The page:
The company said the improvement “was driven by price realisation to recover input-cost inflation and other cost-to-serve increases in all regions. This performance was driven by a combination of the rollover benefit of strong pricing in the prior year, as well as pricing actions taken in the first quarter across the Group.”

“Group volumes were broadly in line with the prior year as growth with new and existing customers was constrained by pallet availability with elevated inventory levels across supply chains continuing to impact pallet cycle times and return rates in all regions.

“During the first quarter, underlying demand moderated in the US and in some parts of Europe due to challenging macroeconomic conditions.

“In these challenging operating conditions, customer retention rates remain strong and we are prioritising the service of existing customers. Our teams around the world continue to accelerate asset efficiency initiatives to improve pallet availability and the productivity of our existing pallet pool,” Brambles said.

“While there are signals which point to a slowing global economy, we are yet to see the full impact of cost- of-living pressures and the European energy crisis on both consumer demand patterns and subsequent implications for retailers and manufacturers.

“Notwithstanding the adverse economic outlook and any potential moderation in demand from our existing customers, we remain confident in the defensive characteristics of our business and the growth opportunities we can pursue once pallet availability improves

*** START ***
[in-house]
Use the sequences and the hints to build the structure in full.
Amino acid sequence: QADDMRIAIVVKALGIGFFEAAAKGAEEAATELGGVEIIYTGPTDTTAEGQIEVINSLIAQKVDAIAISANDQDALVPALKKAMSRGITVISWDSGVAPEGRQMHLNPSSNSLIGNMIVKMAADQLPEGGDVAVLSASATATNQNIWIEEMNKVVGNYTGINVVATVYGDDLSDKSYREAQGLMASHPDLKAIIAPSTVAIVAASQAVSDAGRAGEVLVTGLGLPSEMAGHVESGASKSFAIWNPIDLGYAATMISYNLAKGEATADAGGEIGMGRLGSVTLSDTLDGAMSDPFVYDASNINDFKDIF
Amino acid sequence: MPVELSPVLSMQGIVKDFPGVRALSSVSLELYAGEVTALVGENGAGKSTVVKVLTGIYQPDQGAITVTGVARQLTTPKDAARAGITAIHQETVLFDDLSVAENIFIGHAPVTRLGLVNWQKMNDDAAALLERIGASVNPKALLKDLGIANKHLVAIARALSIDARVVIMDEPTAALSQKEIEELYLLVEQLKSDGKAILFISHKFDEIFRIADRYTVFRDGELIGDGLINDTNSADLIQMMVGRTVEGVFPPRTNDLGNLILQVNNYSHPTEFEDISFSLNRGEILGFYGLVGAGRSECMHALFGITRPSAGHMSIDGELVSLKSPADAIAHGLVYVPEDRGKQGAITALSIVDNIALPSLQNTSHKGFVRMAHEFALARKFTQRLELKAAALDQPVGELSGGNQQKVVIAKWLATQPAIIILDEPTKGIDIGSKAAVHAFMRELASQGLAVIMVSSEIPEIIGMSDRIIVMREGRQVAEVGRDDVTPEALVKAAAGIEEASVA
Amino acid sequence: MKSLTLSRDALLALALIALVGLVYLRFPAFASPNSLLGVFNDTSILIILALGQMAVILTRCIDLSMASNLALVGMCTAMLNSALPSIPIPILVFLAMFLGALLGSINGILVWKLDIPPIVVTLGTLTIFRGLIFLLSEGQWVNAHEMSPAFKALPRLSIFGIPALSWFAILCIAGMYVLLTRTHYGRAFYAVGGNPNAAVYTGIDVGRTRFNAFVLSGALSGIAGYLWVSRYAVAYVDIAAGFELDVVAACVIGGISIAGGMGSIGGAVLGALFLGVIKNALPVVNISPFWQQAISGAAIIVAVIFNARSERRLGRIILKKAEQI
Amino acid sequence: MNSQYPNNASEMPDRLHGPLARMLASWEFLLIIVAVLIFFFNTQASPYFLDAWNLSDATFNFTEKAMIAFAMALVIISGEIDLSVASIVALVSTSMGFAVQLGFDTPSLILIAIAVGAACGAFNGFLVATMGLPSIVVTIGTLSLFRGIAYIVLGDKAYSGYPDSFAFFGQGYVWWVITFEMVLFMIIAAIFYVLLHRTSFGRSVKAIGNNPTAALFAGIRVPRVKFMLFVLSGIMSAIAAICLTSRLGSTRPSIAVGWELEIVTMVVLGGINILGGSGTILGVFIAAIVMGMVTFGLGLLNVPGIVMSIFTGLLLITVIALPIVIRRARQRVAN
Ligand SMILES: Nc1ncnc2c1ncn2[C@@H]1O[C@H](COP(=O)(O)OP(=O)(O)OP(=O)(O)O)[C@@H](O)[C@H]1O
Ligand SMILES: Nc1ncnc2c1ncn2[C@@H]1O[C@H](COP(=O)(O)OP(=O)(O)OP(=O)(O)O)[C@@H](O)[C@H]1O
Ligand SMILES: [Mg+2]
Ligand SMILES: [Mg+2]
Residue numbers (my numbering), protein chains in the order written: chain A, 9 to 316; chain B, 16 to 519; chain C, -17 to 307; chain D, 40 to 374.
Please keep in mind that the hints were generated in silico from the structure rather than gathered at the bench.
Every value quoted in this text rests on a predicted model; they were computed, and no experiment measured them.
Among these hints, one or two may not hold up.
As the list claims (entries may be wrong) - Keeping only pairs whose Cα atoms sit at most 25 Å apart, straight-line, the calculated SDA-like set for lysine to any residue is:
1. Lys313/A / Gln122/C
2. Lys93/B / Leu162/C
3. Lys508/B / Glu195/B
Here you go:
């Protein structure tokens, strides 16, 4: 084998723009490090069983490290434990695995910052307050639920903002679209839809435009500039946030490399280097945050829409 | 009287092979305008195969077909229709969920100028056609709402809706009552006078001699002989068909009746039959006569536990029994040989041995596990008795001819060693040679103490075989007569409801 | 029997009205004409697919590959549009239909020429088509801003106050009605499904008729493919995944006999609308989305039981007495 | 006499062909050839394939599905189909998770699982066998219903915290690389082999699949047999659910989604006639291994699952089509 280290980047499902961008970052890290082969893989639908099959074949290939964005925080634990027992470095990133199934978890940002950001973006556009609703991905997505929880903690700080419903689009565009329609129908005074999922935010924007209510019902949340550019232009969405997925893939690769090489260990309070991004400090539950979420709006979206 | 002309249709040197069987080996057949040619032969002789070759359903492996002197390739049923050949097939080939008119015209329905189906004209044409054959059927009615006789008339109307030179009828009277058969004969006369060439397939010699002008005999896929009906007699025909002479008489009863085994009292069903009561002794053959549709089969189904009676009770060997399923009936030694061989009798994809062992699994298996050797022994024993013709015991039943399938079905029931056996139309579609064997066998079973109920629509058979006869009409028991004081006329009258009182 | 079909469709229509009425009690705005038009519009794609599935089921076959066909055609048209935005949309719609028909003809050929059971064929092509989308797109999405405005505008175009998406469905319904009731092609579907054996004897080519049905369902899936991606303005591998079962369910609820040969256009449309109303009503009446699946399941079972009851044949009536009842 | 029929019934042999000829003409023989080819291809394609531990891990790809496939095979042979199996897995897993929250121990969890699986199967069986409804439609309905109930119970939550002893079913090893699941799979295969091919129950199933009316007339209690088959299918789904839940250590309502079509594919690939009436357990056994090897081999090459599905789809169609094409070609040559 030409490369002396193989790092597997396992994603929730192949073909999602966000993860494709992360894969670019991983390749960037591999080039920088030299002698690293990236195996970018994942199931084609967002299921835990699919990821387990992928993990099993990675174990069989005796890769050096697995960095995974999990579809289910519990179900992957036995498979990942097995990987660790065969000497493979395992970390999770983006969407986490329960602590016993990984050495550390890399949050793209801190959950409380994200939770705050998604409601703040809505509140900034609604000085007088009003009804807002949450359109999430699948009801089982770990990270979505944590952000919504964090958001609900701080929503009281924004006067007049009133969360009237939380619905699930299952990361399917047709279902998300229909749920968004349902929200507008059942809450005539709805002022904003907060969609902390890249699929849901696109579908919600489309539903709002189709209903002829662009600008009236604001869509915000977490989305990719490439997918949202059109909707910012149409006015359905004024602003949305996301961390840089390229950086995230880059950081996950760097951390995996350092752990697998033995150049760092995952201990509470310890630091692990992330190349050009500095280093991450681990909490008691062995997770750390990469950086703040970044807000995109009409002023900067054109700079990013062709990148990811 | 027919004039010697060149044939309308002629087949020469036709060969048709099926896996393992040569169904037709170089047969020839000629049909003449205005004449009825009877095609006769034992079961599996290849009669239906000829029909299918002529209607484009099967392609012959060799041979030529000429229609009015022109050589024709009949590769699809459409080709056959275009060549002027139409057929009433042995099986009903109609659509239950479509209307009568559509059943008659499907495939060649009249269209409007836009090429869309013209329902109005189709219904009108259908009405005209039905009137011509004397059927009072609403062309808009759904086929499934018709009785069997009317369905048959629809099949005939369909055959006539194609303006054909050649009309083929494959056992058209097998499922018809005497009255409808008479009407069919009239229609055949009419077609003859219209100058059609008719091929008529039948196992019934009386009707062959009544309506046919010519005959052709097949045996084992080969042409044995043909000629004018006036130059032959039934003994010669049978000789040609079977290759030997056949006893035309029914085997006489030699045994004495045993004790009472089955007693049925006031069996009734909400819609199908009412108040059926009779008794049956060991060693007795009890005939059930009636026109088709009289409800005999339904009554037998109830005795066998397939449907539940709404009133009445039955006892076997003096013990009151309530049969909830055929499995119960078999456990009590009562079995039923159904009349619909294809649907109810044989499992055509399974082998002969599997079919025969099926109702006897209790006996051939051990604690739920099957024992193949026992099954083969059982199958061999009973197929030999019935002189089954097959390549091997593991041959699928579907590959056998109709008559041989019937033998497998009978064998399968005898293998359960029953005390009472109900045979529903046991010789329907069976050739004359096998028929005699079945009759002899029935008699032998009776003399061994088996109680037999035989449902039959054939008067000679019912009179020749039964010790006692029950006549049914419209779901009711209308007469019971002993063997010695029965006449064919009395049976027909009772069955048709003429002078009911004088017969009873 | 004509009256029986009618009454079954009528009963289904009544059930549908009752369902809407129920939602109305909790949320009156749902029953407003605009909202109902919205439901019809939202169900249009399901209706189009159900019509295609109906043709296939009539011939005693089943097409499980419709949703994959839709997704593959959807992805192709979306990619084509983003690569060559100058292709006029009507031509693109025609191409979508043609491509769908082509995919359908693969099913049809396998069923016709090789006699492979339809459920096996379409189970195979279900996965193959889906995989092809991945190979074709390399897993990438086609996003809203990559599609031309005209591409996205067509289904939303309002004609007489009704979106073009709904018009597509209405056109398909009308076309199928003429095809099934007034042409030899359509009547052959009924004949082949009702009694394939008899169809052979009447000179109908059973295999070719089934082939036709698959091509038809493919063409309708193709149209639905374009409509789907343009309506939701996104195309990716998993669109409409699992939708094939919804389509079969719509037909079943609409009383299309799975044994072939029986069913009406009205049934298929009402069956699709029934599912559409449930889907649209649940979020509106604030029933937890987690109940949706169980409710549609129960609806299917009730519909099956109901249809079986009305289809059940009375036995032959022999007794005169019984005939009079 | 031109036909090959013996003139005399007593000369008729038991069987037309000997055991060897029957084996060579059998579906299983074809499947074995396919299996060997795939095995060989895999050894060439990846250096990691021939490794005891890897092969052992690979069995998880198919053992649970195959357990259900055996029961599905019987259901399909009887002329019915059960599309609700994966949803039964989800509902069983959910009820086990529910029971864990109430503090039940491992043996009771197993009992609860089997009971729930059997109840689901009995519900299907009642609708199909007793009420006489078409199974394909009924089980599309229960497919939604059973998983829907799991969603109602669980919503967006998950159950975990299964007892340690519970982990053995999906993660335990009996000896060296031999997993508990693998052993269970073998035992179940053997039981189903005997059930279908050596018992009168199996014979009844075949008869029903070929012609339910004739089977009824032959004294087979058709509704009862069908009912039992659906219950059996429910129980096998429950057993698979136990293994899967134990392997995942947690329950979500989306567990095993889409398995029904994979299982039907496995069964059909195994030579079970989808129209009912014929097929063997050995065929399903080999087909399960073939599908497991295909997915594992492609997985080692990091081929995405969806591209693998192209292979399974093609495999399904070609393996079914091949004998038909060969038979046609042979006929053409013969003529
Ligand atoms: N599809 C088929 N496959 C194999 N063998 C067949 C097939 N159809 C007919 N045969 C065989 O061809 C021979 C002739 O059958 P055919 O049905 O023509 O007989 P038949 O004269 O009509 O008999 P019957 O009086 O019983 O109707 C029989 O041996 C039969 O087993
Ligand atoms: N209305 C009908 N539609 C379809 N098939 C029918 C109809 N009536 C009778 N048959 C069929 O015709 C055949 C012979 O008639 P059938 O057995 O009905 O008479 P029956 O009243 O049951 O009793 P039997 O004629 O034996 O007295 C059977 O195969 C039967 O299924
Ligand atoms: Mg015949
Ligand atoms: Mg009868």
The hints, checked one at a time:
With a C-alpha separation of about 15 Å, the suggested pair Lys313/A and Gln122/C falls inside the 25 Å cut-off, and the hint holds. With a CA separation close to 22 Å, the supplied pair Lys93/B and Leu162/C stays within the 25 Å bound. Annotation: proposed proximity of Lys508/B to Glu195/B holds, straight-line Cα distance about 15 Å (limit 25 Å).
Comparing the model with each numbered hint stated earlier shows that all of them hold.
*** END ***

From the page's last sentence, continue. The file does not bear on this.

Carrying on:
Brambles shares edged up 0.2% to $11.59 as investors didn’t really take much notice of a warning from one of our most sensitively placed multi nationals – its pallets are used in dozens of industries across the world, especially in the US and Europe.

Interesting also there was no mention of pricing concerns for timber which were a worry in 2020, 2021 and earlier this year. Brambles claimed to be able to recover higher costs through higher prices.


Wine maker Treasury Wine Estates (ASX:TWE) continues to confirm that it is surviving its 2020 mauling at the hands of a vindictive Chinese government that sought to punish one of Australia’s most successful exporters to the country.

Along with the outright banks on Australian coal imports, China imposed draconian tariffs on Australian wine, especially brands made by TWE, forcing it to restructure, look to the US once again for expansion and take a harder edged approach to product differentiation to maximise marketing returns and revenues (TWE calls this “premiumisation”).